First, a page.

U.C. Davis Publishes Student Note on Split re PLRA Exhaustion Pleading Obligation
The U.C. Davis Law Review has just published a student note discussing the split among the circuits regarding which party has the burden of pleading exhaustion under the Prison Litigation Reform Act ("PLRA"). Here's an excerpt from the introduction:
The PLRA, which governs all prisoner-initiated suits brought under federal laws, creates various obstacles for prisoners who want to bring suit in federal court. The most important barrier to federal court is the PLRA's exhaustion requirement, section 1997e(a). Section 1997e(a) requires prisoners to exhaust their administrative remedies before they can bring valid suits alleging violations of prison conditions. However, the plain language of the PLRA does not indicate which party should plead administrative remedial exhaustion. The circuits are split about whether the plaintiff or defendant must bear the burden of pleading remedial exhaustion. The majority circuits hold that the defendant must plead failure to exhaust as an affirmative defense. On the other hand, the minority circuits hold that the burden of pleading administrative exhaustion falls on the plaintiff. This Comment argues that section 1997e(a) creates an affirmative defense requiring the defendant to plead failure to exhaust.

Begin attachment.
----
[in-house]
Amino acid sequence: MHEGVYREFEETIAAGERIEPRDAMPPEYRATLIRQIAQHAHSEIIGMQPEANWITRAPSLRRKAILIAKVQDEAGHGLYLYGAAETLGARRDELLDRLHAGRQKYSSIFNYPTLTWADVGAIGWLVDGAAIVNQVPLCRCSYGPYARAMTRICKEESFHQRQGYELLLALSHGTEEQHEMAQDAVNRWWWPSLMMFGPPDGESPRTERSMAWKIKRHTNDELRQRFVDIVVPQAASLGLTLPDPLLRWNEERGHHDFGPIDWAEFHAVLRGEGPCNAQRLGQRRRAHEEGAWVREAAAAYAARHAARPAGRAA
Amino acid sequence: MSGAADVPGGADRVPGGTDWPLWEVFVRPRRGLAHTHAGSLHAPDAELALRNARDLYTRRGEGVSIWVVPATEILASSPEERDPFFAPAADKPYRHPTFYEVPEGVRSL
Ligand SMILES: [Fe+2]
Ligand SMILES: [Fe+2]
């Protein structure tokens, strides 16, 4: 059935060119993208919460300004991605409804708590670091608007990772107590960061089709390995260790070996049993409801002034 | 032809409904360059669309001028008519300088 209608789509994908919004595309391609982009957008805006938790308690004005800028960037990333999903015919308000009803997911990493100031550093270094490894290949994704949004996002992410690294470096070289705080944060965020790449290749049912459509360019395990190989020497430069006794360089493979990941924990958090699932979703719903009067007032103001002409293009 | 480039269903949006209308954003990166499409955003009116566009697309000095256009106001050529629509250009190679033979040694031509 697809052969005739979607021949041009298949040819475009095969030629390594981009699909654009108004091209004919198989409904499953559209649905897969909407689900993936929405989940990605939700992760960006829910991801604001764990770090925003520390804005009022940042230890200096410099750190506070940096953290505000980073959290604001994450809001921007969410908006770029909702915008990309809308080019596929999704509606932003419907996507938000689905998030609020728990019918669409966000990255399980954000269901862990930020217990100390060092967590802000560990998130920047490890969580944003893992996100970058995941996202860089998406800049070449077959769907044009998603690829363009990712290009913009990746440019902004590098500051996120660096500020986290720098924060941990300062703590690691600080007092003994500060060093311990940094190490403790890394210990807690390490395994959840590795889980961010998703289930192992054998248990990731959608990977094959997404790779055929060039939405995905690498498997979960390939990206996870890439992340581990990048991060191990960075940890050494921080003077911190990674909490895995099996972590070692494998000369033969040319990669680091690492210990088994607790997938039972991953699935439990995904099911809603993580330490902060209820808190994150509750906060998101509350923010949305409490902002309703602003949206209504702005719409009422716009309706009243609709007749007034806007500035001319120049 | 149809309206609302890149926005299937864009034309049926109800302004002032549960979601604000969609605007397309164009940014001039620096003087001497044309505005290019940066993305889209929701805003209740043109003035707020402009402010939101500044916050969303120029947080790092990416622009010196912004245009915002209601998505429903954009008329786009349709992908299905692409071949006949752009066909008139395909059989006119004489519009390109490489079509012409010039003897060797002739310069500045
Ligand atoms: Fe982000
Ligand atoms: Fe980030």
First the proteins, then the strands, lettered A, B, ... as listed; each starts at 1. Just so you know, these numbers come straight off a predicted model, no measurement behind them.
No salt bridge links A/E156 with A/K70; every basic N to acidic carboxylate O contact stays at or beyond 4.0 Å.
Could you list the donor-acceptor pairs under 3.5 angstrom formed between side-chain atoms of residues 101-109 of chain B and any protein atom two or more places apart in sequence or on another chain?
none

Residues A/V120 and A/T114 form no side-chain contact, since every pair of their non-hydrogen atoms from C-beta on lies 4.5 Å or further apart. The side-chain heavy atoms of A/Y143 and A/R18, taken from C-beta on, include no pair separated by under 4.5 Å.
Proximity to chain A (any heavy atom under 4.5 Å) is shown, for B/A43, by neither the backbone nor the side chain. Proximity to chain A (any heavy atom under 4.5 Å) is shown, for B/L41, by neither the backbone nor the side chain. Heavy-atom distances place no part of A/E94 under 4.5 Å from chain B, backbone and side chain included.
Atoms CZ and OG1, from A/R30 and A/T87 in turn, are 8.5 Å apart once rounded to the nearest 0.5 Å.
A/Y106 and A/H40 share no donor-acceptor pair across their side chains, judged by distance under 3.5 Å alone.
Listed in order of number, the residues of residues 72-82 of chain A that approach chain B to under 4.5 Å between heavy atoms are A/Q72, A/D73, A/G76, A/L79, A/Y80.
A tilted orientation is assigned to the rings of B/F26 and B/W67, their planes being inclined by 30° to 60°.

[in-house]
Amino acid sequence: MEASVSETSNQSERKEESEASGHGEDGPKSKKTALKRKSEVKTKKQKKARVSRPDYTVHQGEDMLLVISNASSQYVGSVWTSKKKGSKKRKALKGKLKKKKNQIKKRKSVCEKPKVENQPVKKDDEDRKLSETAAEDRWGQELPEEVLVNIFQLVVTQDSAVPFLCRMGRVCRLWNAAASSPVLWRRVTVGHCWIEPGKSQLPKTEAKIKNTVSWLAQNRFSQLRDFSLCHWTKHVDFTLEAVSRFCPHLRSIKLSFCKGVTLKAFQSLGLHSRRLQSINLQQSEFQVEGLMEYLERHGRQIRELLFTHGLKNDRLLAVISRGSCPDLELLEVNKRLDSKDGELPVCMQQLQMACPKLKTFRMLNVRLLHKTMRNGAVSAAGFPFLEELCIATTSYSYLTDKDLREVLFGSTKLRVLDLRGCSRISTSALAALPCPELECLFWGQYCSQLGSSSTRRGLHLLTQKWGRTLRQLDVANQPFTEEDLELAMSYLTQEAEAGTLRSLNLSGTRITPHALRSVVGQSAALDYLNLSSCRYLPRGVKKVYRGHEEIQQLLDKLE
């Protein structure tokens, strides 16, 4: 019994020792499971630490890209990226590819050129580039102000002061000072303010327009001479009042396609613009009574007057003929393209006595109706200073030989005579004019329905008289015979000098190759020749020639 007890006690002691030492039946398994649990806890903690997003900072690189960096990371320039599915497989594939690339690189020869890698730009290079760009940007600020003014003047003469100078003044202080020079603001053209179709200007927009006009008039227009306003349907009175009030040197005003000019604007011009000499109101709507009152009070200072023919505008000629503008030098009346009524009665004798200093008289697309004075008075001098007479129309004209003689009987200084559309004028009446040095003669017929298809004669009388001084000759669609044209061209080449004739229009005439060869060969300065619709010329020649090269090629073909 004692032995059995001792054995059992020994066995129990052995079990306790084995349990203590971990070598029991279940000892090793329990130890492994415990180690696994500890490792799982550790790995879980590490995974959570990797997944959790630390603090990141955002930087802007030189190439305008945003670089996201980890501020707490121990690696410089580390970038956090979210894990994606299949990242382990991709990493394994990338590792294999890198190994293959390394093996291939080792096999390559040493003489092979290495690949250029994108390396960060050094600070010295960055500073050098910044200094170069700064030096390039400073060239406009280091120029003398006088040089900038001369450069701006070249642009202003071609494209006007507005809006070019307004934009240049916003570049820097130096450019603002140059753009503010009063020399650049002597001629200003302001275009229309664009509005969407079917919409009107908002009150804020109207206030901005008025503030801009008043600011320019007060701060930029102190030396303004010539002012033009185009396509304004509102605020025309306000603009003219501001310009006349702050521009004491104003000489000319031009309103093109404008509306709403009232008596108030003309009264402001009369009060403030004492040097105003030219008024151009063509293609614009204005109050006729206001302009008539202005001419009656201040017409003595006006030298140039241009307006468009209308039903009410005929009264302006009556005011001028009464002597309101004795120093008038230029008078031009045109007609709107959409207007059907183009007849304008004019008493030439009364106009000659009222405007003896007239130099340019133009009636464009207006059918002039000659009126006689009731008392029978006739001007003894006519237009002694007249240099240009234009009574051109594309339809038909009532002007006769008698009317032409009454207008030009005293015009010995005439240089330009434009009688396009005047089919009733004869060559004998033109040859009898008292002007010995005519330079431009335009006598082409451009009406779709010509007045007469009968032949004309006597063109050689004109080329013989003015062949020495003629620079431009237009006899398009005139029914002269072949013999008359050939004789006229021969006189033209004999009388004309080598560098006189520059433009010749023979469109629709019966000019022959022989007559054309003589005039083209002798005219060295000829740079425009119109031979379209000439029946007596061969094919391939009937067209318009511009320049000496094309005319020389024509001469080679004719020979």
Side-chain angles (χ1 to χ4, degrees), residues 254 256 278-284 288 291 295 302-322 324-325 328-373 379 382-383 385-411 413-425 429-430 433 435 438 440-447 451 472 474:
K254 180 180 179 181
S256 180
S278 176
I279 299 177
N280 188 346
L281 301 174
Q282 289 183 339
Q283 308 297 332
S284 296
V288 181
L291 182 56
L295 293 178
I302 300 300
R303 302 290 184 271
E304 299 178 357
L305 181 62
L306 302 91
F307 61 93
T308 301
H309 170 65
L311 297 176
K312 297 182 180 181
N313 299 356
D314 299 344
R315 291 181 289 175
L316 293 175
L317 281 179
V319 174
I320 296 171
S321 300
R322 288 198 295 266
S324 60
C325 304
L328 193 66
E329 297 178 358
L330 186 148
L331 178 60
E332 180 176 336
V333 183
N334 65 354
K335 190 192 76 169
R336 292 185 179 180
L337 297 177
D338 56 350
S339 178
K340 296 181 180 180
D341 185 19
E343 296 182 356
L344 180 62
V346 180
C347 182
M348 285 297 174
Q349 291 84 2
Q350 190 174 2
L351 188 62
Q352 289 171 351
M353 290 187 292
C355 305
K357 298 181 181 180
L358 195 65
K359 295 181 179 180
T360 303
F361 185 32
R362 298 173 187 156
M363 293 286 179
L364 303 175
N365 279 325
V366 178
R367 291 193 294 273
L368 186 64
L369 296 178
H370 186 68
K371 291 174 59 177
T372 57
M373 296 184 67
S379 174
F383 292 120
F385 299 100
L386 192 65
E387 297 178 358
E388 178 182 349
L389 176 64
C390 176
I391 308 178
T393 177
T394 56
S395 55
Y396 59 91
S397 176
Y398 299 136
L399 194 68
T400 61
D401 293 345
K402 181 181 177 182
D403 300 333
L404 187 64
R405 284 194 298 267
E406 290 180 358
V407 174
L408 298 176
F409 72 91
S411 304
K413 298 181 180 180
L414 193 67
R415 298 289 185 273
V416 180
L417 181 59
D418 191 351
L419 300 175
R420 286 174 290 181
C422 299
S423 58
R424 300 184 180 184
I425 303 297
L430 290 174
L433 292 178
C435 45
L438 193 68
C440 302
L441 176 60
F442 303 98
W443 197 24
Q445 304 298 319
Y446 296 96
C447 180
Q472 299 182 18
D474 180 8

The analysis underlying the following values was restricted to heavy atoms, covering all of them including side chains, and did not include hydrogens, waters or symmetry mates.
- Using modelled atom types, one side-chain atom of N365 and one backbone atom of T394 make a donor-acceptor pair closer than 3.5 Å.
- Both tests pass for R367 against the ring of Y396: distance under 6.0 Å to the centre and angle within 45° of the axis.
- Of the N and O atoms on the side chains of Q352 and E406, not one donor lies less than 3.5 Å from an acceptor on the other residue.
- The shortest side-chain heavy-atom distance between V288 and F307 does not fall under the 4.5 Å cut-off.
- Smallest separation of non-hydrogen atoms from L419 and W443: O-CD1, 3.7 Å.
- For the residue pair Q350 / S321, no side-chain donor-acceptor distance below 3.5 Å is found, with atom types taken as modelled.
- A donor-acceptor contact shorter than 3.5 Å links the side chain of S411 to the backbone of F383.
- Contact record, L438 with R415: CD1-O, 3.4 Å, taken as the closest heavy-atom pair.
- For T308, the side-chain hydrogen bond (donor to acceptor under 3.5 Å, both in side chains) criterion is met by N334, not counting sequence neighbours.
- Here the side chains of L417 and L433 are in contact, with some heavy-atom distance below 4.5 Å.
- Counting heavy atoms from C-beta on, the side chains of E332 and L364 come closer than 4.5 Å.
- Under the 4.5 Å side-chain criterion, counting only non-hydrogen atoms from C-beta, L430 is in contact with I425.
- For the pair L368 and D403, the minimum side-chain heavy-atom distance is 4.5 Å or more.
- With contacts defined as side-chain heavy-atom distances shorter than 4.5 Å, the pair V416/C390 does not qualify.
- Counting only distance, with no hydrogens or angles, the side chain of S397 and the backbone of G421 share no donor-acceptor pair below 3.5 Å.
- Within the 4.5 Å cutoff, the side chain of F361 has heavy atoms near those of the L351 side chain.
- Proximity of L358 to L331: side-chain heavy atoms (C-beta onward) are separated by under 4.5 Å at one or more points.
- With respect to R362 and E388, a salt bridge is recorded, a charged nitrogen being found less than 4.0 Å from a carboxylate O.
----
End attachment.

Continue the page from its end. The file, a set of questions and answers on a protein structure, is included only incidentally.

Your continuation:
Jamie Ayers, Comment, To Plead or not to Plead: Does the Prison Litigation Reform Act's Exhaustion Requirement Establish a Pleading Requirement or an Affirmative Defense?, 39 U.C. Davis L. Rev. 247 (2005) [39 UCDLR 2].